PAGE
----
As an energy healer and meditation teacher, I have the privilege of helping people in all different stages of life. Often, through energy work and self-reflection, people realize they are engaging in toxic relationships that they didn't recognize until they started really digging deep. This story is a typical example of the toxic relationship process.
Lydia was a hotshot real estate agent—a go-getter with a history of closing top deals. She was confident and happy with her work and relationships. When she met Jake, she thought she really had it made.
He wooed her with dinners at fancy restaurants, two dozen roses on her birthday, and "happy hours" that alternated between margaritas (her favorite) and tequila (his favorite). He was smart and funny. He said he appreciated her independence. She fell hard.
It was several months after meeting Jake that she managed to sneak out to lunch with two of her girlfriends. It wasn't easy for them to get together. Lydia had stopped joining her friends to go shopping, have brunch, or just chat on the phone.
When they asked her about it, Lydia broke down. Through her tears, she told them how hard Jake made it for her to pursue her own interests, how jealous he would get if she even talked to someone else on the phone. He constantly hovered around her, and it had gone from flattering to scary.
She told her friends how she’d started to realize her strategy of "people-pleasing," which worked so well in her job, spelled disaster in her relationship. No matter what she did, he found fault. He was always putting her down. "I don't know who I am anymore. What should I do?"
Some of you might already realize that Lydia’s relationship was a toxic one. But it took self-reflection and the help of her friends for Lydia to get out.
Is it possible that you or someone you know is in a toxic relationship? Think about it. It doesn't necessarily have to be with an intimate partner. You can be in a toxic relationship with anyone from a parent to a sister-in-law to a co-worker, but the warning signs are pretty much the same.
Here are five red flags that your relationship might be toxic:
1. You don't feel good about yourself.
You hardly recognize yourself. You have stopped trying to defend yourself against your partner’s criticisms. He believes he's always right, so you must be wrong. You aren't free to speak your own truth. You used to be happy and full of energy; now you're emotionally drained and exhausted. In a healthy relationship, the other person supports and encourages you to be yourself rather than putting down your ideas, opinions, and ambitions.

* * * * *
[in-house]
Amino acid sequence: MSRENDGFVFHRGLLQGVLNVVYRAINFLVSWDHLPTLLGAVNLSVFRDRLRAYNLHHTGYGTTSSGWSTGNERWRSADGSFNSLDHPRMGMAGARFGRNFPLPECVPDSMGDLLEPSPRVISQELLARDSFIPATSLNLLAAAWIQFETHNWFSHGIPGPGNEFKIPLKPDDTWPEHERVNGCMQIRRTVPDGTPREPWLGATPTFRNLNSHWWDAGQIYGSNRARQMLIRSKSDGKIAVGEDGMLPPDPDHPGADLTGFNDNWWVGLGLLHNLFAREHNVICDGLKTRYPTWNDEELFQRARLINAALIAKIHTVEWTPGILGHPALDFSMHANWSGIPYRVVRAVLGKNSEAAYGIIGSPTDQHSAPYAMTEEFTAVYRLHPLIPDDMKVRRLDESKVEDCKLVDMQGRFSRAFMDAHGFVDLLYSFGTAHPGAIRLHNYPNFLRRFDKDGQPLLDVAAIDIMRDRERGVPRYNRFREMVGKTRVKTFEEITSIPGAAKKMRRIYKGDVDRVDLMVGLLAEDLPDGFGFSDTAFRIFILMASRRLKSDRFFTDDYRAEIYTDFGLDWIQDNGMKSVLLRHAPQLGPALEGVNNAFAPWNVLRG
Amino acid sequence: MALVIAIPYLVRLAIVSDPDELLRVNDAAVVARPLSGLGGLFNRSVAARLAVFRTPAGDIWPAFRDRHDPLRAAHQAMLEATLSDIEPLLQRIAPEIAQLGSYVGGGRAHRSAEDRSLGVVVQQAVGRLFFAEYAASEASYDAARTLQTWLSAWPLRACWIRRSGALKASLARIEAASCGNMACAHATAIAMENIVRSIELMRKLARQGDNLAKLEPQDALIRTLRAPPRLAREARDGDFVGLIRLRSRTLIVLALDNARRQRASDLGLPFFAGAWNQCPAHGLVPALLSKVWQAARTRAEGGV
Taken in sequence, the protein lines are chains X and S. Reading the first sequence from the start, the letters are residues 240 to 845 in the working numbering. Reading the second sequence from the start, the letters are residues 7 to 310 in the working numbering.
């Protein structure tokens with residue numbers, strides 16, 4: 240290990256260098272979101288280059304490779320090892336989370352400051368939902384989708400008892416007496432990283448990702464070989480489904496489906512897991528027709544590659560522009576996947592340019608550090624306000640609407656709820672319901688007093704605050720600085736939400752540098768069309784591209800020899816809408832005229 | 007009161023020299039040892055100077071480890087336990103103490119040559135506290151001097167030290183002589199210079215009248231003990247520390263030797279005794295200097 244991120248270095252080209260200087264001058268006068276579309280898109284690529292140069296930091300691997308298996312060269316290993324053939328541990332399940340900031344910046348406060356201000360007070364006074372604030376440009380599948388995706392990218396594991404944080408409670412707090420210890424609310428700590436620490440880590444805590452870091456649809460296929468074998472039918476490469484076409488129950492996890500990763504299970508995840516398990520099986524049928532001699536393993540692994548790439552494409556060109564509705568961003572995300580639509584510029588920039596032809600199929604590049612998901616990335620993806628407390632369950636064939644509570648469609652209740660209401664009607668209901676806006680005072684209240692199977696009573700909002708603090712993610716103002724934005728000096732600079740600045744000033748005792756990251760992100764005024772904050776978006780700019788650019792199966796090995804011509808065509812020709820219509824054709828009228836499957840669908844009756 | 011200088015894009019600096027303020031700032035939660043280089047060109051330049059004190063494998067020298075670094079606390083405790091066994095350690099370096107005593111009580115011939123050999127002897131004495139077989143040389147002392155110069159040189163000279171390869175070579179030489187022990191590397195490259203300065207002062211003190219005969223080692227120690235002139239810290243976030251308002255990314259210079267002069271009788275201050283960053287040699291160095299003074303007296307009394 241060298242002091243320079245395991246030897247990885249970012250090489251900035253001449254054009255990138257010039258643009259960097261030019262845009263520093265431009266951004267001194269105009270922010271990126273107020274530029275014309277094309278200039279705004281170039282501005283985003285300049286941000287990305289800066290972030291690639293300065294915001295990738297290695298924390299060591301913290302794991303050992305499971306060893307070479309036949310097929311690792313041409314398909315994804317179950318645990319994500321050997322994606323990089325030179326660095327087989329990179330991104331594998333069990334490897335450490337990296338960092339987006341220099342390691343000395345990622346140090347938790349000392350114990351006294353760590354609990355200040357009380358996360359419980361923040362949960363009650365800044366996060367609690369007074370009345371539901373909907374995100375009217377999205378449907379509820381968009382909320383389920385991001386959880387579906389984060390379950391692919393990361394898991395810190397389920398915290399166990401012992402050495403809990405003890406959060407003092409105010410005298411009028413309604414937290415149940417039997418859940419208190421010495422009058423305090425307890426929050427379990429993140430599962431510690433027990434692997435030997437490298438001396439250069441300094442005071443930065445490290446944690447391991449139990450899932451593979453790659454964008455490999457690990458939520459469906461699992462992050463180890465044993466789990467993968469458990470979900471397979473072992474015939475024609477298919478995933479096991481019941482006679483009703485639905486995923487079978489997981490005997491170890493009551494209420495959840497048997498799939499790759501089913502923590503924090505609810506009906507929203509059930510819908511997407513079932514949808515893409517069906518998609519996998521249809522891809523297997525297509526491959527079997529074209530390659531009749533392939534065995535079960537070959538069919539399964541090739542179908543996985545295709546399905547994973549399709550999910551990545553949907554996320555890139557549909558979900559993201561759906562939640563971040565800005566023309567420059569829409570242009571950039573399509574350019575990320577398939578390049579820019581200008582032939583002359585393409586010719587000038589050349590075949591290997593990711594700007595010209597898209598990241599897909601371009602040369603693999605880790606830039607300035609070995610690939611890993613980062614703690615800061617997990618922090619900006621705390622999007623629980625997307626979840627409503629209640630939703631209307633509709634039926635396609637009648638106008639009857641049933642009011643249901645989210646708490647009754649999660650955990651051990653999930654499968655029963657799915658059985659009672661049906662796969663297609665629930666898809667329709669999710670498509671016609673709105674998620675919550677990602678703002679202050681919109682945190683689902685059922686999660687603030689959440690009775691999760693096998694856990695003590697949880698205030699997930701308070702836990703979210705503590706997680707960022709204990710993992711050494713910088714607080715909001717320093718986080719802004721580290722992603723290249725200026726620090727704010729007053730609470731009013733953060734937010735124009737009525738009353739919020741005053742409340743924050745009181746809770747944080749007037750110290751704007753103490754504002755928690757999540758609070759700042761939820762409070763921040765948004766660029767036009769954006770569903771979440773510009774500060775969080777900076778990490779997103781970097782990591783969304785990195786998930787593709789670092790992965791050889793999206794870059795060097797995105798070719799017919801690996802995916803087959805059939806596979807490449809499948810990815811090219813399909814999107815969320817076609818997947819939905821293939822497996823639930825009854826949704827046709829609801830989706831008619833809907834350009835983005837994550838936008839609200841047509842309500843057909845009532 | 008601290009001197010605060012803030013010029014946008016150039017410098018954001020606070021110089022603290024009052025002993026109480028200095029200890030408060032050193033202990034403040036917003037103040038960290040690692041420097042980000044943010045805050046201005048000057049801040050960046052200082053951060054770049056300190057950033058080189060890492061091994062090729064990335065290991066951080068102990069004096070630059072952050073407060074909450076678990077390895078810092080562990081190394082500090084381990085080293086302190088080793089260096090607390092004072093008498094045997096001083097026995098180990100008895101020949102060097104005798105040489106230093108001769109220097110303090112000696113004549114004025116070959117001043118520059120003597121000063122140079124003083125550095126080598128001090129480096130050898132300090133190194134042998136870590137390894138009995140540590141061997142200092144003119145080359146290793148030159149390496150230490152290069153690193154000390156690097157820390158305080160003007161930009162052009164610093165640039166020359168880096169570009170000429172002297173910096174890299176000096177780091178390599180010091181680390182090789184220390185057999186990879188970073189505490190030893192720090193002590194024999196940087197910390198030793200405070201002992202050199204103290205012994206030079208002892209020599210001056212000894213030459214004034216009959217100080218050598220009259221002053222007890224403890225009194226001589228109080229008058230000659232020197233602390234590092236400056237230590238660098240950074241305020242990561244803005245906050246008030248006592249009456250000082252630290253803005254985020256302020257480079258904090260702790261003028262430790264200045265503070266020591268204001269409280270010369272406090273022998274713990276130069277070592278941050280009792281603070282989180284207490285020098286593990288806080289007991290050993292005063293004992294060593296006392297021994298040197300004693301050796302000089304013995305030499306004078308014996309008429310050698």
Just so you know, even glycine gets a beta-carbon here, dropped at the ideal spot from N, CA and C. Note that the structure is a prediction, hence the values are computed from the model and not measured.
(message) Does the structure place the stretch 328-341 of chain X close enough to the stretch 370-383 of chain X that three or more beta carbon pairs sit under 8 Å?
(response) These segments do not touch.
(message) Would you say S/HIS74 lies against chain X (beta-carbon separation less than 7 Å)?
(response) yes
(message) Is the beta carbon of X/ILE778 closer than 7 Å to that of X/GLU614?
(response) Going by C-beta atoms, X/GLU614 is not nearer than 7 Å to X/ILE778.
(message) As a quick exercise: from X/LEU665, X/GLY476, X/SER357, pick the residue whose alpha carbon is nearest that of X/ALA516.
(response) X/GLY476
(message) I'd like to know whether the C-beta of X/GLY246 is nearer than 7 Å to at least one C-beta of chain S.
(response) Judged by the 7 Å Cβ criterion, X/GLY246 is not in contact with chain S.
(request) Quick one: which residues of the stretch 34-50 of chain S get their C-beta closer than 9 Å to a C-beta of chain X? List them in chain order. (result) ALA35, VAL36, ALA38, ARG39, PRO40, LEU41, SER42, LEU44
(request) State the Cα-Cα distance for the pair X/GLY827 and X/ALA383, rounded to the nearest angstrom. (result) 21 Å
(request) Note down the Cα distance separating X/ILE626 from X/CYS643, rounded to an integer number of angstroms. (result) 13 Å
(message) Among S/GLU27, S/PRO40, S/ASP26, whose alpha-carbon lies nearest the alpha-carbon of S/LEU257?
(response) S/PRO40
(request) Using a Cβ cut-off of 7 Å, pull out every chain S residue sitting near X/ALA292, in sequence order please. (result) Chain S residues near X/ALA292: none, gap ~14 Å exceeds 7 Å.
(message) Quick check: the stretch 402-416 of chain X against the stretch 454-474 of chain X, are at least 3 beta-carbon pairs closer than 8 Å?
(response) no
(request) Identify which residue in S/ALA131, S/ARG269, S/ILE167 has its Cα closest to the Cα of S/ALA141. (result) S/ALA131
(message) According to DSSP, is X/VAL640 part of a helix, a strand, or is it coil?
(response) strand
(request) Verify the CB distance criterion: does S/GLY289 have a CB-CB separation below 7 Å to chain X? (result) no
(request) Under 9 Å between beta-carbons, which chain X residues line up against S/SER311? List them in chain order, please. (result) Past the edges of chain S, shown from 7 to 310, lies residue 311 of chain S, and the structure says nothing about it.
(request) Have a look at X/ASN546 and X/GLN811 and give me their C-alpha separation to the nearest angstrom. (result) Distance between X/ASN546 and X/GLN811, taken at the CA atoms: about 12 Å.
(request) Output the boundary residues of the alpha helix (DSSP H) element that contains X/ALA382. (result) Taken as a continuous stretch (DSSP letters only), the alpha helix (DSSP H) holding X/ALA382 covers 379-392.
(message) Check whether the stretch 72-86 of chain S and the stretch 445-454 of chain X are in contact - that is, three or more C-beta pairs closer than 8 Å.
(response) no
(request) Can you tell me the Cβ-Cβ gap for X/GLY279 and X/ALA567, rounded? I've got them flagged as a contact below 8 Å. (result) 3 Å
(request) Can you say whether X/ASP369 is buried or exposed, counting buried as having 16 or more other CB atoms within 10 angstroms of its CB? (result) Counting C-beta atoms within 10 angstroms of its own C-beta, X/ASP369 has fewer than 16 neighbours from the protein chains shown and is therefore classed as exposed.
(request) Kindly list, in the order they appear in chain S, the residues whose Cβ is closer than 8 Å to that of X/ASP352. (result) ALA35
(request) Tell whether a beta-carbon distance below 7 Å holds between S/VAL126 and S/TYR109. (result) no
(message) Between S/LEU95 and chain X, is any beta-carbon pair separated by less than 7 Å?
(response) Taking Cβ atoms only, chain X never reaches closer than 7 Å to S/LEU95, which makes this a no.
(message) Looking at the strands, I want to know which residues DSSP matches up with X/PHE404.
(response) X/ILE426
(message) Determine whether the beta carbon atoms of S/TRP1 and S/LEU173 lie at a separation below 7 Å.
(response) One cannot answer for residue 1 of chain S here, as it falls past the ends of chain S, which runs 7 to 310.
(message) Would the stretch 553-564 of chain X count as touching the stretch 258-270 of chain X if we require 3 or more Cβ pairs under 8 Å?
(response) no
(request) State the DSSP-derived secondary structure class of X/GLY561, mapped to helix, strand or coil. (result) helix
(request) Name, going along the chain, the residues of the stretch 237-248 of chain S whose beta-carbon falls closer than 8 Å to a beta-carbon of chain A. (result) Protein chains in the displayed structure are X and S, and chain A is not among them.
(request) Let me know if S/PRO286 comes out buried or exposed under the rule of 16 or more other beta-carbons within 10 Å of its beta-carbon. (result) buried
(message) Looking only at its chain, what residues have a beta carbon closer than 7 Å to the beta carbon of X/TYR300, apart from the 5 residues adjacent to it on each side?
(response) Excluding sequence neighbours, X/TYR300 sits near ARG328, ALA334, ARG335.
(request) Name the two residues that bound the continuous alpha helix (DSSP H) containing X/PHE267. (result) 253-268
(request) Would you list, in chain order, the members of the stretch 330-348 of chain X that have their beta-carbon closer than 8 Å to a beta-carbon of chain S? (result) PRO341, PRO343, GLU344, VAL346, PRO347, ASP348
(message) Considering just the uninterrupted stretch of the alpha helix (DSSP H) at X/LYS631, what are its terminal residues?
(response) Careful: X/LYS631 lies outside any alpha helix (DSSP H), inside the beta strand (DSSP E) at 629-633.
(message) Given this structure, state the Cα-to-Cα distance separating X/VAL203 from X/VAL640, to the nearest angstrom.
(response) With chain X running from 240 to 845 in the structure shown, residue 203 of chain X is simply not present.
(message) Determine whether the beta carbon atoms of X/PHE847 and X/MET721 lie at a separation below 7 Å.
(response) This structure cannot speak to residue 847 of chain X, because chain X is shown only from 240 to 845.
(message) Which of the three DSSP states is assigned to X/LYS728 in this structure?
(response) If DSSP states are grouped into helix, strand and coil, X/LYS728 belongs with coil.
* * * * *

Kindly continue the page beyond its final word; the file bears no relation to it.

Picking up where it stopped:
2. You don't communicate.
When you two disagree, your partner ignores the problem or simply refuses to discuss it. You're ready to talk it through until you resolve the issue. But in a toxic relationship, arguments—even petty ones, like what to watch on TV—can lead to verbal, physical, or emotional abuse.
3. You find yourself falling into negative habits.
What sent Lydia to that lunch with her friends was the realization that she was drinking far too much. The "happy hour" Jake liked so much was merely an excuse to start chugging it down for the rest of the evening. What had been fun at first became an anxiety-inducing situation in which Lydia felt pressured to drink far more than she was comfortable with.
This could be embodied in any type of addictive behavior—not just drinking—like smoking, drugs, shopping, or gambling, or not going to work, isolating in the house, etc.
4. You are being controlled by the other person's jealousy.
At first, you thought it was love. You had found your "other half"—the person who would make you whole. Instead, their jealousy has cut you off from your friends, your family, and, in fact, from anyone who isn't your partner. They don’t even like you talking on the phone to anyone but them. This is not love; this is unhealthy control.
5. Your friends and family don't like your relationship.
No, they aren't blind to his charms. Chances are, they see what's happening more clearly than you do. Instead of being so defensive, really think about what they say (assuming you give them an opening to even speak about it).
As a spiritual teacher and healer, I can see/feel when someone is caught up in a toxic relationship. As always, my advice is for them to bring their attention to their inner world through meditation, journaling, and other forms of self-expression.
A consistent meditation practice can get you in touch with your true self and help you to release old patterns of thinking and behavior as well as releasing traumas and emotional wounding. A spiritual mentor, good therapist, or energy healer can help.
When you can connect to your own authentic feelings, you will know whether your relationship is helping or harming you, and you will know what your next steps should be.
Your core self has tremendous wisdom when you learn to listen to it.
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